Or: How I Learned to Play Video Games Without Constant Prompting
It’s Christmas 1998 and I find a copy of Banjo-Kazooie waiting for me under the family’s tree. You could feel the electricity in the air as I quickly booted up my trusty Nintendo 64 and experienced something that I — and gamers around the world — had never seen before: I was greeted by a gorgeous, vibrant cartoon aesthetic that would age like fine wine alongside the system and a story that, in spite of its rather basic nature, was fleshed out in a collection of meticulously-designed, variable and (most importantly) lived-in fantasy worlds. All of this was tied together beautifully by a hub world set entirely in a mountain-side castle shaped like the head of the game’s villain, Gruntilda the Witch.
It’s obvious that Rare took concepts and characters from European and International folklore and fairy tales to design this expansive world. Super Mario 64 performed fantastically well just two years before with its new take on world and level design in comparison to its predecessors’ cut-and-paste formula.. Banjo-Kazooie took this method and went out of its way to expand into more complex level themes such as Mad Monster Mansion, a haunted mansion with adjoining maze and church, and Treasure Trove Cove, a calypso beach setting with pirates, treasure chests and Snacker the Shark, the game’s homage to Jaws who also sparked all of my childhood nightmares.
The game’s most complex level theme, however, is saved for the final overworld, Click Clock Wood, an ambitious, multi-season world surrounding the same gargantuan oak tree and its residents through Summer, Autumn, Winter and Spring. Using this level mechanic, the player must figure out how to solve puzzles by visiting each season to complete a part of the puzzle and collecting a Jigsaw puzzle piece (Jiggy) as a reward. There are 10 to collect in each world and are used to complete World puzzles located through Gruntilda’s Lair. Throughout all of these worlds, the player collects musical notes to open up arbitrary note doors placed around the lair. These note doors act as a divider between the worlds in the game, giving the player incentive to explore each of these worlds fully and collect all the notes and jigsaw pieces placed throughout.
Banjo-Kazooie’s original soundtrack really showed the potential for captivating, orchestral video game scores, to the point where it’s still in my playlist to this day. Utilising different instrumentation and sound effects to accentuate each level in the game, Banjo-Kazooie stood out amongst a library of Nintendo games with passable musical accompaniment, all thanks to veteran video game composer Grant Kirkhope. Not only providing the musical scores to Banjo-Kazooie,Banjo-Tooie,Golden Eye 007,Perfect Dark andDonkey Kong 64, Kirkhope also voiced Mumbo Jumbo and the Jinjos in Banjo-Kazooie and Banjo-Tooie, as well as Donkey Kong in Donkey Kong 64. Banjo-Kazooie’s sound design is also delightful, with beautiful marimbas accenting each time you pick up a note, buzzing from health-replenishing honeycomb hives, piccolo trill from each feather and various monster noises.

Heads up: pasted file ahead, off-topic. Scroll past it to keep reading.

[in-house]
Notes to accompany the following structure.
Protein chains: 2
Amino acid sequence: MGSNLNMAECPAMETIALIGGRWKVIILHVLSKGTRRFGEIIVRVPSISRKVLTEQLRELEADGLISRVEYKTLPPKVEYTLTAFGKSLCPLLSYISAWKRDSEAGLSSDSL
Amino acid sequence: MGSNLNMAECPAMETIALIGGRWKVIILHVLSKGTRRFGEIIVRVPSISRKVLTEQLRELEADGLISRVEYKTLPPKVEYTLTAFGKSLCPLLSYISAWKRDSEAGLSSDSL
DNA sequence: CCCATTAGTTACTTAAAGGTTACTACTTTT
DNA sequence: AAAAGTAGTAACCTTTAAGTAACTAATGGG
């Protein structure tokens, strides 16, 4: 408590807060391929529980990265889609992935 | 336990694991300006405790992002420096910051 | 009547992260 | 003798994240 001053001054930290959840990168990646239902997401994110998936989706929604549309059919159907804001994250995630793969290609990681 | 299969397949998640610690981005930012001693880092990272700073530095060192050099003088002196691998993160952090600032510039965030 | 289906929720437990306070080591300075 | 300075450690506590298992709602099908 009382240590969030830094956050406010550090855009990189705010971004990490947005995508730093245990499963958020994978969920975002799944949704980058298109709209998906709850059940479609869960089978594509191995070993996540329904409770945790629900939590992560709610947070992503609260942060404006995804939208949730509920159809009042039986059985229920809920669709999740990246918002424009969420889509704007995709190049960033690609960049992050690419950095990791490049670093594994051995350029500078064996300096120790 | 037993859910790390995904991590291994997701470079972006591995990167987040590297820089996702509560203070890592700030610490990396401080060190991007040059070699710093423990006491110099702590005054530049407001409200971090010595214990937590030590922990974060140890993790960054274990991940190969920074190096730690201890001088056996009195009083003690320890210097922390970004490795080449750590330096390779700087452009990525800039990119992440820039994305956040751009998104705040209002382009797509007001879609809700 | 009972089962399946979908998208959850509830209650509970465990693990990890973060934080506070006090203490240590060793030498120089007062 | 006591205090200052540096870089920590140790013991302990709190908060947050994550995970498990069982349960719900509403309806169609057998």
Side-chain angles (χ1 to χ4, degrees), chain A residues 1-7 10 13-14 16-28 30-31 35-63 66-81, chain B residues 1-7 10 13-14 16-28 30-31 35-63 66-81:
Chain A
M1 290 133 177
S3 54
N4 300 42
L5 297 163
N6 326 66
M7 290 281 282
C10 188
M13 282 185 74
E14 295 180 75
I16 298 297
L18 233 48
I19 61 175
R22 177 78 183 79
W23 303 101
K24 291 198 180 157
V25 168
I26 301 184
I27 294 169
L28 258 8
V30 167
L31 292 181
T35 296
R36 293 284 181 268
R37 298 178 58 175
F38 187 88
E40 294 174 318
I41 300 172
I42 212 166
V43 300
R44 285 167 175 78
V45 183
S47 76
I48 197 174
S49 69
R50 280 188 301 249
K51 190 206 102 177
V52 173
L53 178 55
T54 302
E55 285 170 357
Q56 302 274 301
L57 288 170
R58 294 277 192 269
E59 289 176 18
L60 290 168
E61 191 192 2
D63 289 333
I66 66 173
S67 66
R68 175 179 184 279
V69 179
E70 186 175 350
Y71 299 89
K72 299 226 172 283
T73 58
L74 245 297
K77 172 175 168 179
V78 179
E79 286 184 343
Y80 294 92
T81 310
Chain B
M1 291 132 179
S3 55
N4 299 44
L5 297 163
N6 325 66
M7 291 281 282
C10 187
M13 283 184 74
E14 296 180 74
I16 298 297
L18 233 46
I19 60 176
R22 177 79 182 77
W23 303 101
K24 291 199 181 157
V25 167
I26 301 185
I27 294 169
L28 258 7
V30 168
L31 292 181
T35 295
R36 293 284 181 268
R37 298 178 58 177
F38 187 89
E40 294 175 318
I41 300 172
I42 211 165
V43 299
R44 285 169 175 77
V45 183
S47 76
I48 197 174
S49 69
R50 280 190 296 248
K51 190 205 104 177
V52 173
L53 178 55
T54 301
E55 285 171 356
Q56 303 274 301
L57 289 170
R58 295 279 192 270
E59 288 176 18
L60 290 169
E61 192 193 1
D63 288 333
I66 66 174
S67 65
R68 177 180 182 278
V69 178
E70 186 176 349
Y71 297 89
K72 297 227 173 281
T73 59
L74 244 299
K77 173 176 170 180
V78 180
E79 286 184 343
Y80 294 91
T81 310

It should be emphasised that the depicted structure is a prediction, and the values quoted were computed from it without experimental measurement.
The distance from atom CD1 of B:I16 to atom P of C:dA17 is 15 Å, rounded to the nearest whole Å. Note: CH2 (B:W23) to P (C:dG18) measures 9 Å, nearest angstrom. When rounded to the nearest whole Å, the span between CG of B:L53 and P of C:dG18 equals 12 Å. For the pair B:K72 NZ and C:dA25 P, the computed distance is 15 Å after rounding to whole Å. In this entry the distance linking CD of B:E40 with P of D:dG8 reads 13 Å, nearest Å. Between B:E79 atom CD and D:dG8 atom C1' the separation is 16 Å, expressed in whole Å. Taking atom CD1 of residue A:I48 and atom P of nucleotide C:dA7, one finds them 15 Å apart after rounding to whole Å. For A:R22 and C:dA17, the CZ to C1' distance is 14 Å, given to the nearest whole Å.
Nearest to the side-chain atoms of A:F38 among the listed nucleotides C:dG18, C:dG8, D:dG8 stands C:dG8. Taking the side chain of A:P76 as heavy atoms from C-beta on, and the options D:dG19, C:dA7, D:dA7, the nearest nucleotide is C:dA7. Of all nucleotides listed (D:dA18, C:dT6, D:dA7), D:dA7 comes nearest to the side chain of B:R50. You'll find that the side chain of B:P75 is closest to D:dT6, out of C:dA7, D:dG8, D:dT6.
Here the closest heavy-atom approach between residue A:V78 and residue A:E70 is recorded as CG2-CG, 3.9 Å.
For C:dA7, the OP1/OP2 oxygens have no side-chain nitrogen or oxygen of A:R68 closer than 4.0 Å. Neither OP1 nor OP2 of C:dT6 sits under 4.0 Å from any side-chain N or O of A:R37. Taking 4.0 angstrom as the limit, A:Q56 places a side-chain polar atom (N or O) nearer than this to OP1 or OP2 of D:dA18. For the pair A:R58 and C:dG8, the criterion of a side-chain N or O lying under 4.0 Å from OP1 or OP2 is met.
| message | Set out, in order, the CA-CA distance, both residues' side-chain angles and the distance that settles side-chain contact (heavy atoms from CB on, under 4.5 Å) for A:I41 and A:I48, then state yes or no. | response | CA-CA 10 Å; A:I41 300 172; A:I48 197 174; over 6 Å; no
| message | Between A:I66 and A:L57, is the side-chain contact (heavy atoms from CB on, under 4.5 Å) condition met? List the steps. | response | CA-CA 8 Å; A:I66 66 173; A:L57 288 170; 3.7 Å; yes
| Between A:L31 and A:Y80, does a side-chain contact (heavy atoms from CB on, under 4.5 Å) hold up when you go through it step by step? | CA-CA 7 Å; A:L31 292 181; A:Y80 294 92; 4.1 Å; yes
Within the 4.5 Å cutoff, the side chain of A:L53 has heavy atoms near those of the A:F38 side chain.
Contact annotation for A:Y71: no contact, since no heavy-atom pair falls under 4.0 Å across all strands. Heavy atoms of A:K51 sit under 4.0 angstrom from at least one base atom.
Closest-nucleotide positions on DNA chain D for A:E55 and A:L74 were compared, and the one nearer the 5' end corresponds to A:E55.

The titular bear-and-bird duo are out to rescue Banjo’s little sister Tooty and defeat the evil Gruntilda Winkybunion (yes, that is her name). Super simple. Running around as these two is a really enjoyable time, with a slew of different moves and combos and razor-sharp handling in platforming sections (if a little slippery on the wrong terrain). Banjo attacks with a slew of melee swipes and rolls, while Kazooie is used for jump based attacks, long ranged attacks and secondary melee attacks such as the Beak Barge (a headbutt with her beak to break large rocks). Combat is fun, for the most part, but it can drag a little when you’re doing the same section over and over because a creature accidentally grazes your Titanic-sized hitbox, or you forget that certain types of water hurt you. There’s so much to remember with each level’s environment and terrain that the game becomes more like muscle memory after a while, especially when it comes to steering Banjo across slippery ice, or swimming through non-poisonous or freezing water. Throughout each world Banjo has a plethora of items he needs to collect. Notes and Jiggies are not the only collectibles in this game, however: Banjo and Kazooie also collect blue eggs (ammunition), red feathers (flying), gold feathers (temporary invincibility), Mumbo Tokens (which can be redeemed with Mumbo for a transformation), hollow honeycombs (collecting six gives you one extra hit point) and golden statues of Banjo (an extra life).